Publications | MSWA

4 years ago

Bulletin Spring 2018

  • Text
  • Mswa
  • Bulletin
  • Ndis
  • Fatigue
  • Multiple
  • Outreach
  • Treendale
  • Peer
  • Sclerosis
  • Neurological


WITHIN A FAMILY SYSTEM ALYSON YEARSLEY, MSWA COUNSELLOR “In every conceivable manner, the family is link to our past, bridge to our future.” Alex Haley. In my years of working with families, I have learnt the importance of keeping the entire family in mind when counselling individuals, couples or the family as a whole. When one member is suffering, it will most likely impact the entire unit. When a family member receives a diagnosis of MS or other chronic or terminal illness, it has the potential to affect all members and can often change the course of the family story. The best way to think of the family affected by illness, is of a tapestry altered by a change in its pattern. Sarah Burton MacLeod MD from Canada describes the family as an interactive system: • families contain and interact with many subsystems based on relationships • a change with one of the members of the family will influence the entire system • emotional interdependence has evolved to promote cooperation to protect their members (Mehta, 2009) The predictability of the family surviving or managing an illness can be found in how resilient or healthy the family is to start with. Questions to ask may include: • how has the family adapted to change in the past? • how supportive are members of each other? • what complications are getting in the way? Complex family systems with multiple challenges such as economic, mental health, family conflict or multiple health issues may complicate navigation through a new family health challenge. Stresses within the system may need to be addressed before anything else will change. Often the core strengths of the family based on love, caring and shared family values will motivate members to go the extra mile to do what is needed to promote positive change. Sometimes this shared challenge will bring the family together. Strategies to help families cope can include: • improving communication within the family • educating family members on health issues and what to expect • creating awareness of how each member is affected • learning practical skills to decrease stress and promote a healthy lifestyle • accessing professional help for members of family that are most affected Counselling individuals who are dealing with a chronic illness can have a positive impact on the entire family. When a Member is feeling supported and heard, stress levels can decrease. Most of our counselling at MSWA is on an individual level but can incorporate a family systems approach or family inclusiveness. This can lead to cooperation within the system, increased resilience and shared understanding. What if someone is isolated or has an unsupportive family? Counselling can often bridge the gap or to help the client build a larger support network. MSWA Groups for Members or carers can expand this even further, as meeting others affected by similar challenges can help someone feel more connected or bring about change on a community level. What I have learned learnt from my experience working with families is that there is an emotional bond between Members based on the history of the family and the need for the family unit to survive. Most families I meet love talking about their family, even the dark side of the story over generations. The past traumas, conflicts and challenges are noted as what made the family stronger or in some cases fall apart. Talking about the past can often uncover what may have contributed to family stress to begin with. Whether promoting positive change, companioning along a journey or supporting family during loss and grief, MSWA counsellors are here to help. References: The Family as the Unit of Care: Challenges & Rewards; Sarah Burton MacLeod, MDCCFP & Kim Crowe, BSW RSW Mehta, A., Cohen, S.R., & Chan, L.S. (2009). Palliative care: A need for a family systems approach. Palliative & Supportive Care, 7(2), 235-243 12 | MSWA BULLETIN SPRING 2018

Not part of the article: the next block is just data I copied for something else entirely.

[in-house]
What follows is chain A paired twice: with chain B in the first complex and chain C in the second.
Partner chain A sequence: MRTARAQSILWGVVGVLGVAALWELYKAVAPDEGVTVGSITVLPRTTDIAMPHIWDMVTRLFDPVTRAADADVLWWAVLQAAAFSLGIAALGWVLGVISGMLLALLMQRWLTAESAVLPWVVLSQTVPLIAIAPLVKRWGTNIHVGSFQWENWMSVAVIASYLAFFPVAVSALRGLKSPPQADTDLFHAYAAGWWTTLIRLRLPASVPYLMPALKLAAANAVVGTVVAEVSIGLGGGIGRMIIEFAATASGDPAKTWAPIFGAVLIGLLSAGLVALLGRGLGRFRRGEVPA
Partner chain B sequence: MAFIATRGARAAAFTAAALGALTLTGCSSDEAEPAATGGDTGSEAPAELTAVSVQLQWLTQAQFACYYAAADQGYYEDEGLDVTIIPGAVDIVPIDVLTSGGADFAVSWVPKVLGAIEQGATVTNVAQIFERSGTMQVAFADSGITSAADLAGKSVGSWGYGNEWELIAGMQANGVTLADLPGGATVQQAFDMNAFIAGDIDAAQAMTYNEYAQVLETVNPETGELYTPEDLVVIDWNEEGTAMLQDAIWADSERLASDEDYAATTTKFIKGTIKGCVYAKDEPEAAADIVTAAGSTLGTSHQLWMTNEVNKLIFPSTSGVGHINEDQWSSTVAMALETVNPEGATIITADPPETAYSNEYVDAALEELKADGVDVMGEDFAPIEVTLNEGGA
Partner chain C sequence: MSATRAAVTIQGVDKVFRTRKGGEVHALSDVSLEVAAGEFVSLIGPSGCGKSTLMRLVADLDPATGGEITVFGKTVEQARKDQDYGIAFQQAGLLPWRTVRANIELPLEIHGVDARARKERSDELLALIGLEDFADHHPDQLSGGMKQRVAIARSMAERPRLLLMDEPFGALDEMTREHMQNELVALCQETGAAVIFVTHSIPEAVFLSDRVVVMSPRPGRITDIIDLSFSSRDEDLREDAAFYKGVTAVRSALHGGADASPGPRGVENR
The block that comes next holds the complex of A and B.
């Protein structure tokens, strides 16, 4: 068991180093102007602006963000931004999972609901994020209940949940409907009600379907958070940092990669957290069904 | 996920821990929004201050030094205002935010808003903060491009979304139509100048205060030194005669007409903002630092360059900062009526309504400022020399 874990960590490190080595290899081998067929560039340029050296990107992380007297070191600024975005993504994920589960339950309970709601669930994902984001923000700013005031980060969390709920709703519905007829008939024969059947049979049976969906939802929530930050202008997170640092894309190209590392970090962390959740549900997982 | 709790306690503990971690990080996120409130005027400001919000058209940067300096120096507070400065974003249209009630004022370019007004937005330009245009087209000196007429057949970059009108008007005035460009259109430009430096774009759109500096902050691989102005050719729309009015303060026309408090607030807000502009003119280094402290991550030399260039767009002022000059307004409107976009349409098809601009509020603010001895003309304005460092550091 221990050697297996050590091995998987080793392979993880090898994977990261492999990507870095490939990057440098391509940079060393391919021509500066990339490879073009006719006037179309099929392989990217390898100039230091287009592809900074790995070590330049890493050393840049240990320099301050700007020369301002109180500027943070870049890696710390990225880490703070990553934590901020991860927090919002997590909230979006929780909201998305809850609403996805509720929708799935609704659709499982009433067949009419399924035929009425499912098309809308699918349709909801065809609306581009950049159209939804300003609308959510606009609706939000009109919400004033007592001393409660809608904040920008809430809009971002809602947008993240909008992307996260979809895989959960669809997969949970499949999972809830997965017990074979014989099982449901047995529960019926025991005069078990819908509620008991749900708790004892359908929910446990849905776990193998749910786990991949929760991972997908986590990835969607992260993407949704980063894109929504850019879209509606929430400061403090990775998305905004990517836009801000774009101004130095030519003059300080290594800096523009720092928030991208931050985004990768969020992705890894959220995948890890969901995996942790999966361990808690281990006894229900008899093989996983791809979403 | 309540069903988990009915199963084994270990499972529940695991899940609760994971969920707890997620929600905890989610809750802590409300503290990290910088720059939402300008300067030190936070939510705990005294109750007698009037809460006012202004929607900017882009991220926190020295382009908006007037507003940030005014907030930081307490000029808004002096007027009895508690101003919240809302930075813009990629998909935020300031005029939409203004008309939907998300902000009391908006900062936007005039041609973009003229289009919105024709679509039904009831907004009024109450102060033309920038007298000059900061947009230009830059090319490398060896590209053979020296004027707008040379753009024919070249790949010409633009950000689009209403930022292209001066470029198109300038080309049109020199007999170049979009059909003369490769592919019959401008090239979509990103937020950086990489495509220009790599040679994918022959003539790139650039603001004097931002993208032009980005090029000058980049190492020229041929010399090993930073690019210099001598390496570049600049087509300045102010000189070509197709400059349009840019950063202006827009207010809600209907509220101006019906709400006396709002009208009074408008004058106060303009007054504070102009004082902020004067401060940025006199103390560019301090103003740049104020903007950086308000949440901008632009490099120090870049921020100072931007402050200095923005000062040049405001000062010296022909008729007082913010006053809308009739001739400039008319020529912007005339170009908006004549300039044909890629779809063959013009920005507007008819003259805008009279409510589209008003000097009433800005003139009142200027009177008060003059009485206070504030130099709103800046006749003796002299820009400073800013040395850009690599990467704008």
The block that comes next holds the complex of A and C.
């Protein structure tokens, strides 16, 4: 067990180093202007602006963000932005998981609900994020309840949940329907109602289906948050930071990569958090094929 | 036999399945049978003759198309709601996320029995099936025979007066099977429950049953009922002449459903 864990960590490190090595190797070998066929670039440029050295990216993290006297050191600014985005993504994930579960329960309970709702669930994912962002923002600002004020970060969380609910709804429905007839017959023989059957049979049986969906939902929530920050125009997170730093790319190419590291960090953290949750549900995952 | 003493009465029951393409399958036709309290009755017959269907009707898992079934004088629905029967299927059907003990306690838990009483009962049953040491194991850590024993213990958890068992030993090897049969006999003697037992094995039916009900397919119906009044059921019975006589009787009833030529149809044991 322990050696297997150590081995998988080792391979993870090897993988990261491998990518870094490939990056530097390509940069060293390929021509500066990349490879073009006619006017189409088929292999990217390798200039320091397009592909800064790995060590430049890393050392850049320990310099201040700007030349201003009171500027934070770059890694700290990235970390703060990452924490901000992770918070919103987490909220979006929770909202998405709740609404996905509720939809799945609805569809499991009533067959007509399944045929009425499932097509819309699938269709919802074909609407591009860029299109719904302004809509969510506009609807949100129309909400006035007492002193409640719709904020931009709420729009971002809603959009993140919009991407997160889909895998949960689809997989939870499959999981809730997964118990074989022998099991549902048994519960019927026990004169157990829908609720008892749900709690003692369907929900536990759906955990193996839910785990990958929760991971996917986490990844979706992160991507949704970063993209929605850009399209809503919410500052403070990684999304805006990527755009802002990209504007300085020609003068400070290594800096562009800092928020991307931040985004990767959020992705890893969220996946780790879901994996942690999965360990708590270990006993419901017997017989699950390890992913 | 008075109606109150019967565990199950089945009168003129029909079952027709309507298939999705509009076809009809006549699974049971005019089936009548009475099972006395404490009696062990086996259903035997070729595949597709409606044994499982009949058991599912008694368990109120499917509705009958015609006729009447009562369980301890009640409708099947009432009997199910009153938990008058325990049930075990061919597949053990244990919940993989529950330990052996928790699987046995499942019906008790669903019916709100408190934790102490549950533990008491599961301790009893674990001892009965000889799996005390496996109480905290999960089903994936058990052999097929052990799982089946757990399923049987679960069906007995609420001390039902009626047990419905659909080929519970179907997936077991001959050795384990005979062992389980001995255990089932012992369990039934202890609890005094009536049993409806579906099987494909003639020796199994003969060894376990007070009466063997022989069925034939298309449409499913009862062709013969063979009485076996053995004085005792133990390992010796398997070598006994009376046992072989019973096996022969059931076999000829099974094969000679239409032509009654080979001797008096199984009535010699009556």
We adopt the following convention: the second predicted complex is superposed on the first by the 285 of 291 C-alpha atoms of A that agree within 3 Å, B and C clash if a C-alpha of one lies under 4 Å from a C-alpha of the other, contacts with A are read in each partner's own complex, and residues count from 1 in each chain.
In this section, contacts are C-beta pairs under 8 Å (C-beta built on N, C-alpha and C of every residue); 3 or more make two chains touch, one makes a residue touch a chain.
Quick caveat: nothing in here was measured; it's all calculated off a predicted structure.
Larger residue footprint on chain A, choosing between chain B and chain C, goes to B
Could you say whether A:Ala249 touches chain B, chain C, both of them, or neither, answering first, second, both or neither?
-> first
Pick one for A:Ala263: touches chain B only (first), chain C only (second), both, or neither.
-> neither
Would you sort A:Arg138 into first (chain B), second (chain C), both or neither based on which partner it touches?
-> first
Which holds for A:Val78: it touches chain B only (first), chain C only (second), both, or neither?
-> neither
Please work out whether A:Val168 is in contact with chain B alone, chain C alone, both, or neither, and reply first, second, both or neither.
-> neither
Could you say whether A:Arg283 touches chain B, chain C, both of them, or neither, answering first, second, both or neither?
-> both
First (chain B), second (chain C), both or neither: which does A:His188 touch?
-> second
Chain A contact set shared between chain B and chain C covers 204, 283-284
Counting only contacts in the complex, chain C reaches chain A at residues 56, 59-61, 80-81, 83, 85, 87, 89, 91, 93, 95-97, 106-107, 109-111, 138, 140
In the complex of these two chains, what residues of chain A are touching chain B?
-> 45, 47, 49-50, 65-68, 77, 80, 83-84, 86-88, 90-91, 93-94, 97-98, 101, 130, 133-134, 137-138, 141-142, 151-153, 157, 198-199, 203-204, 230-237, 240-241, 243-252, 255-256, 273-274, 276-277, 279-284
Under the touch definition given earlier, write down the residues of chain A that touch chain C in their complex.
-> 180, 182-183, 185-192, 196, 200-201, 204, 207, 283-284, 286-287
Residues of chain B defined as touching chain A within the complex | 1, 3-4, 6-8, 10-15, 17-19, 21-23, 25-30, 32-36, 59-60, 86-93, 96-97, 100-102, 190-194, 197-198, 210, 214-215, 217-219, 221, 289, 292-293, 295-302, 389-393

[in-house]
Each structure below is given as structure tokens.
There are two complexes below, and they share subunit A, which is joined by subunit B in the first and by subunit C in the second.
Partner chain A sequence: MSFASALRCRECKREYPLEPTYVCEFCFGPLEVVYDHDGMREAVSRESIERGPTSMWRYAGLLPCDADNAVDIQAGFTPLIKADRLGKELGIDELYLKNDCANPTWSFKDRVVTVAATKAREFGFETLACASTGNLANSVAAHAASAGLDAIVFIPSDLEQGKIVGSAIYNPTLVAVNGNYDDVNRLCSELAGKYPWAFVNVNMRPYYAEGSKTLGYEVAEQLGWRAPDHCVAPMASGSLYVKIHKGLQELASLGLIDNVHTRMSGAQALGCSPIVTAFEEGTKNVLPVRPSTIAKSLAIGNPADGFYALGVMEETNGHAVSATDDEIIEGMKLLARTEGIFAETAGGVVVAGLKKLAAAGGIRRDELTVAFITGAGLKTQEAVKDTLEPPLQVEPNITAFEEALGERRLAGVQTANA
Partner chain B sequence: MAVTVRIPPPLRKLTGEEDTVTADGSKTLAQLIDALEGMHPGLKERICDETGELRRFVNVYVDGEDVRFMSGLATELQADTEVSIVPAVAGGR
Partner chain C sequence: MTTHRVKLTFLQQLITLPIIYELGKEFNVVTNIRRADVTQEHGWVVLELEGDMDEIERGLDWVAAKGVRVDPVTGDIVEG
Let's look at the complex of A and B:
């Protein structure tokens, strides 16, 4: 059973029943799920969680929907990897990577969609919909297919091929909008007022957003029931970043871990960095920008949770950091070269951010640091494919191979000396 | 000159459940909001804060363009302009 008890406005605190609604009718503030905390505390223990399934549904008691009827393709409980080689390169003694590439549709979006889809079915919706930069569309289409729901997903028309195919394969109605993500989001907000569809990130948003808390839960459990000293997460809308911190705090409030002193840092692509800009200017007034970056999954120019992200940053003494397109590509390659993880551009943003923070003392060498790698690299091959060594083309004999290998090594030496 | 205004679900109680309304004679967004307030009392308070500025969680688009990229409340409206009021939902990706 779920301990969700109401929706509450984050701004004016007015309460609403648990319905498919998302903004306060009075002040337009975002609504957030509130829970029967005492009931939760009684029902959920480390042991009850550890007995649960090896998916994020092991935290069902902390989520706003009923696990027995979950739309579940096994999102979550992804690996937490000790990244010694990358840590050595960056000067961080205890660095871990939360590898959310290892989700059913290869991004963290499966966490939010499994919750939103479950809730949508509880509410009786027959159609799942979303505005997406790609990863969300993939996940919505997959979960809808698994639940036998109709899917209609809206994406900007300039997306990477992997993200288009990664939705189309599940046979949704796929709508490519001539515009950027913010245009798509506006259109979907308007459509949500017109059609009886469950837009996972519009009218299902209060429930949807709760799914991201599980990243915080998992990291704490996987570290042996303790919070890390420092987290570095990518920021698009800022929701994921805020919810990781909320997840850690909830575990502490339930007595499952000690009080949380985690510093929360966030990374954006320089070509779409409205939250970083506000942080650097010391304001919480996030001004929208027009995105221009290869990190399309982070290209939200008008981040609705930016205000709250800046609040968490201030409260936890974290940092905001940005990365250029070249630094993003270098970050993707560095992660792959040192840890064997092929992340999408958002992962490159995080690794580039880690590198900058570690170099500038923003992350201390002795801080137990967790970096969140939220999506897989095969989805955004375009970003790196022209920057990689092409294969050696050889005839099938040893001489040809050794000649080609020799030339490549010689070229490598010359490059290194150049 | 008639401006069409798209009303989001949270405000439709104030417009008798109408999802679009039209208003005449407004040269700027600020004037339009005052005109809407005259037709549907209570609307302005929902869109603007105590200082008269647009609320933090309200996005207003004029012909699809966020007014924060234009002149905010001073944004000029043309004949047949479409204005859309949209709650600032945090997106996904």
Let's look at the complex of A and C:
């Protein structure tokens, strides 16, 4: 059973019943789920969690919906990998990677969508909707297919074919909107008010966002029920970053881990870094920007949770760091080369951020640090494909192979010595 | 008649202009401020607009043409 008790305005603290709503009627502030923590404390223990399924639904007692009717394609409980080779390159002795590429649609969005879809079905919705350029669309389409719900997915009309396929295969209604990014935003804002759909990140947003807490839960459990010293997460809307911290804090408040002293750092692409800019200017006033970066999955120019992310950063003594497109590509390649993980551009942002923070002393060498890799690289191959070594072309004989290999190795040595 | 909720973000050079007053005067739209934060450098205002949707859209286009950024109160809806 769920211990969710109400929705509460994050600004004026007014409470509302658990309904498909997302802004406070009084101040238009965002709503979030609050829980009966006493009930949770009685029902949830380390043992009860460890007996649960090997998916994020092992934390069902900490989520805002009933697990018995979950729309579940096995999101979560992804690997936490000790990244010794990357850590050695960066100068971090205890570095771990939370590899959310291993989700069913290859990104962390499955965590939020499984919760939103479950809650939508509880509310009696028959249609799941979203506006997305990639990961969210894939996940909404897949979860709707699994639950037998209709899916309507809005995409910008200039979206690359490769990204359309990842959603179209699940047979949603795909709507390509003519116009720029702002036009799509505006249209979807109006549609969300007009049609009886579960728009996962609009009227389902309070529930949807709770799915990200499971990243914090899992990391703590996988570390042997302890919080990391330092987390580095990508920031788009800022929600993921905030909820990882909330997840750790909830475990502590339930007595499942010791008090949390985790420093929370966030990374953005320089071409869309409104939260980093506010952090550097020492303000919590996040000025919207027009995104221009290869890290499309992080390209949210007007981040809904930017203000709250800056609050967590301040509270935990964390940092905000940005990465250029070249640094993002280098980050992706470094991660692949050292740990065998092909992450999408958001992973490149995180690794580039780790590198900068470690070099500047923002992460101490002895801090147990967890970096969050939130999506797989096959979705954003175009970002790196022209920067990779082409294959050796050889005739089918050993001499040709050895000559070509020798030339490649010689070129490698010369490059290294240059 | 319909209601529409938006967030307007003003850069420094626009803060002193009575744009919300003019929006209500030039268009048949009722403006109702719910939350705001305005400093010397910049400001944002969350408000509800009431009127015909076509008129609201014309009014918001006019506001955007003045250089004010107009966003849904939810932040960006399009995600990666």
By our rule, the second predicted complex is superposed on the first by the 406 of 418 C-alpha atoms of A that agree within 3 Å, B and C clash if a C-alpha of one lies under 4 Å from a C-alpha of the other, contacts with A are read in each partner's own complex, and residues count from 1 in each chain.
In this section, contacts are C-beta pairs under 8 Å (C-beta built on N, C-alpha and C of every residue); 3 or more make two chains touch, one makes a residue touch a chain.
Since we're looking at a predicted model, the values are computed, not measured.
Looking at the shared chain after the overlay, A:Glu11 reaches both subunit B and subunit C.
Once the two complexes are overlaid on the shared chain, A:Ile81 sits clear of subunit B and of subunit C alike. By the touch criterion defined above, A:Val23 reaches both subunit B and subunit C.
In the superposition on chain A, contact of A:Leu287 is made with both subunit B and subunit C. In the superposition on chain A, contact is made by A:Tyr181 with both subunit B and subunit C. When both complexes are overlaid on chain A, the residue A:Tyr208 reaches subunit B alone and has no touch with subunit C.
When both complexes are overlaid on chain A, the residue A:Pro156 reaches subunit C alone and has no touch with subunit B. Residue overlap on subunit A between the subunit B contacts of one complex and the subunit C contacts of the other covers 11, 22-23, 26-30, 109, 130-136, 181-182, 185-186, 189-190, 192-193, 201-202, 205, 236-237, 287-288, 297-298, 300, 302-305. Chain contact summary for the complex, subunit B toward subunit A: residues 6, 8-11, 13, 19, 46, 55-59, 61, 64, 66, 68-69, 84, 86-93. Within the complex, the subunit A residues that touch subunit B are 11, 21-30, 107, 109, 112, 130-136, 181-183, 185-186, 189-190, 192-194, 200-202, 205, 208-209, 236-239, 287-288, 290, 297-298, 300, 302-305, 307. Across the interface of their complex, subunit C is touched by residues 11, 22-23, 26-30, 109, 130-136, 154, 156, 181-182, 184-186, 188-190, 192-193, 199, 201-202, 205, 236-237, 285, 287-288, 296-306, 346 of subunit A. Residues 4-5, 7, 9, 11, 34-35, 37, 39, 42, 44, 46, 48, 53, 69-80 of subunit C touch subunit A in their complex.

WHEN CHANGE IS NOT A CHOICE KATH BUDZINSKA, MSWA COUNSELLOR We are told that change is inevitable and that may be so, but sometimes we have change forced upon us in a most unexpected manner that leaves no room for choice. I remember my then seven-year-old son having an “I’m not going to school today” moment, as he very unhappily got out of the car, he said to me with a big scowl “you always say we’ve got choices!” “Yes” I reply, “you can do this willingly or unwillingly.” When I relay this story, it is usually greeted with sympathetic laughter, because I think we can all relate to his frustration. Some research suggests that there are phases we go through on our way to a different life. In the beginning we may not recognise a need to change or be unaware that change is about to be put upon us. This is regarded as the Precontemplation Phase. The Contemplation Phase is when we begin to recognise a possible change, then comes Preparation, Action and Maintenance. That is, if the change was a personal choice. When change is thrust upon us, there is often little or no time for the luxury of contemplation before action is required. However, there are still some things, such as those listed below, which people may find helpful. These are responses where we potentially have a choice, at any given time, of taking an action or not, according to whether we perceive that action as making matters better or worse. Staying focused in the present and working with what is right in front of us at any given moment, is helpful in not becoming overwhelmed. However, a broader awareness is also helpful in planning ‘where to from here.’ The following suggestions may be of some help when facing a situation beyond our control. 1) Knowledge. Do your homework; what do I need to know right now? Do I need to have a witness or a guide to help me understand the situation? 2) Emotions. Honour our feelings, how do I feel right now? Remember feelings are not right or wrong – they just are. 3) Situation. Is there something going on around me that I am a part of? Can I make a difference? 4) Self-awareness. Am I focused on reality or am I distracting myself with fantasy and illusion? What do I need right now to be able to stay in reality without being overwhelmed? 5) Community-awareness. What outside supports are available to me? Who best can help me with access to support? 6) Fear. Sometimes the only way to deal with things is keep moving through them (maybe at an angle – like swimming through a rip – just don’t stop swimming). Doing ‘the next indicated thing’ or ‘forward movement’ can be aided by skills such as meditation and mindfulness. There may be times that we fall flat on our face but that is still forward motion. 7) Alternatives. What small thing can I do differently to simplify my life at this time? Am I getting enough sleep? 8) Humility. People will want to help, and we need to let them. It’s good for all of us, sometimes being the giver and sometimes the recipient. 9) Gratitude. Acknowledge the good in our life. The good fortune to have food and shelter. 10) Set the scene. Create the space of our desire. Make our environment work for us. Is it a time of quiet or a time of stimulus? Do we have a place that meets those needs and helps keep the balance? None of these tasks are set in concrete, they have their own pattern and their own time frames. Some things we can manage easily and simply, others maybe not, or not at this time. Sometimes we need to ask for help, whether we want to or not and sometimes it is more beneficial to get help from outside of family and friends. If you would like to talk freely and in confidence to someone who has skills in helping, please contact the Counselling Department at MSWA on 9365 4888. Reference: MSWA BULLETIN SPRING 2018 | 13